UK and EU take further steps to improve energy efficiency
On Tuesday, the European Union approved energy standards for all-new public buildings within the 28 countries.
The rules are aimed at meeting the EU’s goals to reduce emissions by at least 40 percent below 1990 levels by 2030. Buildings are a key plank towards achieving this target as they are estimated to be responsible for one third of the union’s current greenhouse gas emissions. The new rules will seek to increase the energy efficiency, conservation and performance of buildings.
The European Commission’s Vice-President for Energy Union, Maros Sefcovic, commented:“The fight against climate change starts ‘at home’, given that over a third of EU’s emissions is produced by buildings. By renovating and making them smart, we are catching several birds with one stone – the energy bills, people’s health, and the environment”.
At the same time, the UK Government has introduced new costs landlords will have to pay to improve energy efficiency. In launching a consultation on the Minimum Energy Efficiency Standards (MEES) for domestic buildings, the Government has suggested capping the costs to upgrade households at £2,500; however, this is half as high as originally proposed.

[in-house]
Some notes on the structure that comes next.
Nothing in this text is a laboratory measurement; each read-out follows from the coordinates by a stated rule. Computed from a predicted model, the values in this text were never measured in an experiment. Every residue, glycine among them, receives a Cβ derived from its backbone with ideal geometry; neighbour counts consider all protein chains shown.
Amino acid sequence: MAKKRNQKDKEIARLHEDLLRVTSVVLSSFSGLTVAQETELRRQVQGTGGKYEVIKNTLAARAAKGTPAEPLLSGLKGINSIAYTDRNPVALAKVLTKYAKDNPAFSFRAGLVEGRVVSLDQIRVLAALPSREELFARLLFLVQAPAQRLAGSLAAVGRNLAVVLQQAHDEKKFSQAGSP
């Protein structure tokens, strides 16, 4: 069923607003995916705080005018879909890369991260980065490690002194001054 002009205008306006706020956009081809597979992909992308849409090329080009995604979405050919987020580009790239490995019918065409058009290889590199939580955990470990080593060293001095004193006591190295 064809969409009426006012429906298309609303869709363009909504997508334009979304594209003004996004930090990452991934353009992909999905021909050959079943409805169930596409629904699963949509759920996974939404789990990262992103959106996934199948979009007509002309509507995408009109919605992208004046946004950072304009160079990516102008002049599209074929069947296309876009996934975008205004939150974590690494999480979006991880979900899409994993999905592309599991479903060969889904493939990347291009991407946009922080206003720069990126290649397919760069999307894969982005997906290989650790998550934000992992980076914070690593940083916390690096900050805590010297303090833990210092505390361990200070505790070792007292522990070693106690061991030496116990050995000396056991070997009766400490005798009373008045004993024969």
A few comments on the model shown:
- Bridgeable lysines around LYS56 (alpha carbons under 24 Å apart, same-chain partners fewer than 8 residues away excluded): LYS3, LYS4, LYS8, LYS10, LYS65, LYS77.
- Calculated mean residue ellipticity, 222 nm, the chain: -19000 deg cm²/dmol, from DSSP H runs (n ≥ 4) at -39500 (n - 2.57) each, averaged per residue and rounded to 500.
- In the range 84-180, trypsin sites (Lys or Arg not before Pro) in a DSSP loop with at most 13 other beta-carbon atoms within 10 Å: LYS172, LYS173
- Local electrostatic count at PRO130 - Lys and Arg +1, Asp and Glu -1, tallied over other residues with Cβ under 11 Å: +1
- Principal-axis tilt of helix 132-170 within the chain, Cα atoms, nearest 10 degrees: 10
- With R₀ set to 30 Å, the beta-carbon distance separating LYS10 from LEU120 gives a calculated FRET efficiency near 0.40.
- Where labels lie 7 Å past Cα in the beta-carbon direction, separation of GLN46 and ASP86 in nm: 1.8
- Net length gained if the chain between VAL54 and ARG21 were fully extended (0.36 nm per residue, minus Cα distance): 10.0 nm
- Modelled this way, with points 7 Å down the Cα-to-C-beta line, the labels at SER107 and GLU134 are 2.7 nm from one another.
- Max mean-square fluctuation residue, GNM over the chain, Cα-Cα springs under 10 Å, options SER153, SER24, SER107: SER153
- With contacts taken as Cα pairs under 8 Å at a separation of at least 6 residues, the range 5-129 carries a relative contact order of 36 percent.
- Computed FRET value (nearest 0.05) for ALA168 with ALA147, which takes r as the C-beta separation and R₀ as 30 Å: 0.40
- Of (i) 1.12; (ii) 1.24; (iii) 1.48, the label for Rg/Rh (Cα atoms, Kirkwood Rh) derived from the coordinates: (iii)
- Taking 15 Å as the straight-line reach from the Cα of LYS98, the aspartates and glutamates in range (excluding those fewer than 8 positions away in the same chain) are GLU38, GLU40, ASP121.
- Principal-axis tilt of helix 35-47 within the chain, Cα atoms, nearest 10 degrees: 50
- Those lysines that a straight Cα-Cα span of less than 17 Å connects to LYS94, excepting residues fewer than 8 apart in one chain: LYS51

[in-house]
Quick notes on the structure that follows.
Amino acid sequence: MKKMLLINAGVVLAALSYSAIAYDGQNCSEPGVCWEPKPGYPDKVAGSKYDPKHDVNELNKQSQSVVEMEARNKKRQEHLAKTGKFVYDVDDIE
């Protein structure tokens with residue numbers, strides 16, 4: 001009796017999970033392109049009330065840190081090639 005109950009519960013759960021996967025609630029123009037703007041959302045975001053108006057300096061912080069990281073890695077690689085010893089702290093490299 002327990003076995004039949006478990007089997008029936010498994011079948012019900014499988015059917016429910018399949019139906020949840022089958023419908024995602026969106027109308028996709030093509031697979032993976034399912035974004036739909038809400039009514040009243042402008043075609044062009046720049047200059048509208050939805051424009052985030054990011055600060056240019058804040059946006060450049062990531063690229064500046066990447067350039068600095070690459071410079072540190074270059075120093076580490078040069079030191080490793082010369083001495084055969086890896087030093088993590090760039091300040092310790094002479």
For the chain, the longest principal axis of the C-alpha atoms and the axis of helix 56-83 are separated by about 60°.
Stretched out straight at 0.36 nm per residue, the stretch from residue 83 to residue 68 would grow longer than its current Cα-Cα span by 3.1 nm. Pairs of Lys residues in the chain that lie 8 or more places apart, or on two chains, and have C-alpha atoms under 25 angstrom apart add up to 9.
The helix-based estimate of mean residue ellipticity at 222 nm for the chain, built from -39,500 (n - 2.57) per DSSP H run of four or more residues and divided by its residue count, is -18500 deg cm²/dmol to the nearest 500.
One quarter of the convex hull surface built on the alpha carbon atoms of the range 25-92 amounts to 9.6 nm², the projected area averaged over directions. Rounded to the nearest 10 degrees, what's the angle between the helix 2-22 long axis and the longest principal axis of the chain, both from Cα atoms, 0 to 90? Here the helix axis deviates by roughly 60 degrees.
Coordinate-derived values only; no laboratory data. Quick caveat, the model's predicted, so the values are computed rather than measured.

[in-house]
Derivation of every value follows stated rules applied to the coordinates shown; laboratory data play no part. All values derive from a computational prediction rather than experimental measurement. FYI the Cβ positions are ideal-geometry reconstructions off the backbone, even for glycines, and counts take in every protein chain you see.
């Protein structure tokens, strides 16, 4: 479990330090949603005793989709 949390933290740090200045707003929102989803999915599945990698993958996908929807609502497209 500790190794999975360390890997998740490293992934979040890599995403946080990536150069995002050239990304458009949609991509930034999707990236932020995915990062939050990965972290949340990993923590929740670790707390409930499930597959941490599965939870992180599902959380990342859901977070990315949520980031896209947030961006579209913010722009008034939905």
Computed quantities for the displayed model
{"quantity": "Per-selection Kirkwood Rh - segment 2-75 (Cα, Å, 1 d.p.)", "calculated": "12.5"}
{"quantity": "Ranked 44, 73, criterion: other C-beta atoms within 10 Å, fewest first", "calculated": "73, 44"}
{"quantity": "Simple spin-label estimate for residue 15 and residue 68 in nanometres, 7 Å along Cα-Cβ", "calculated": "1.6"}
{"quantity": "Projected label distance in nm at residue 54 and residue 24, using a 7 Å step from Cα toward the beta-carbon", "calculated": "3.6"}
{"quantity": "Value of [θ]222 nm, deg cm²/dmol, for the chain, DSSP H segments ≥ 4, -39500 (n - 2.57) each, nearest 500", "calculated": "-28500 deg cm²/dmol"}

The new regulations are designed to improve energy efficiency, cut carbon emissions and help tenants save on their energy bills. The standards which will come into force from April 2018, and require private landlords to ensure their properties meet a minimum energy efficiency standard, equivalent to Band E on the UK’s Energy Performance Certificate. The lowest band is G.
Richard Twinn, policy advisor at The UK Green Building Council, said: “The Government’s own figures show that setting the cap at just £2,500 per property will mean that the vast majority of the coldest rented properties will not even need to meet the minimum standard. This could leave a gaping hole in the Government’s plans to meet its own fuel poverty targets”.
In contrast, the National Landlords Association disputed the benefit of making landlords pay for upgrades. The body’s CEO, Richard Lambert, responded:
“The Government clearly thinks that landlords have cash to spare, just when its own changes to landlord taxation will soon be increasing the cost of providing homes to rent. There’s a real risk that some landlords who simply cannot afford the upgrades will find that leaving a property empty and unimproved becomes a realistic option. How does that benefit renters?”
Photo credits: National Landlords Association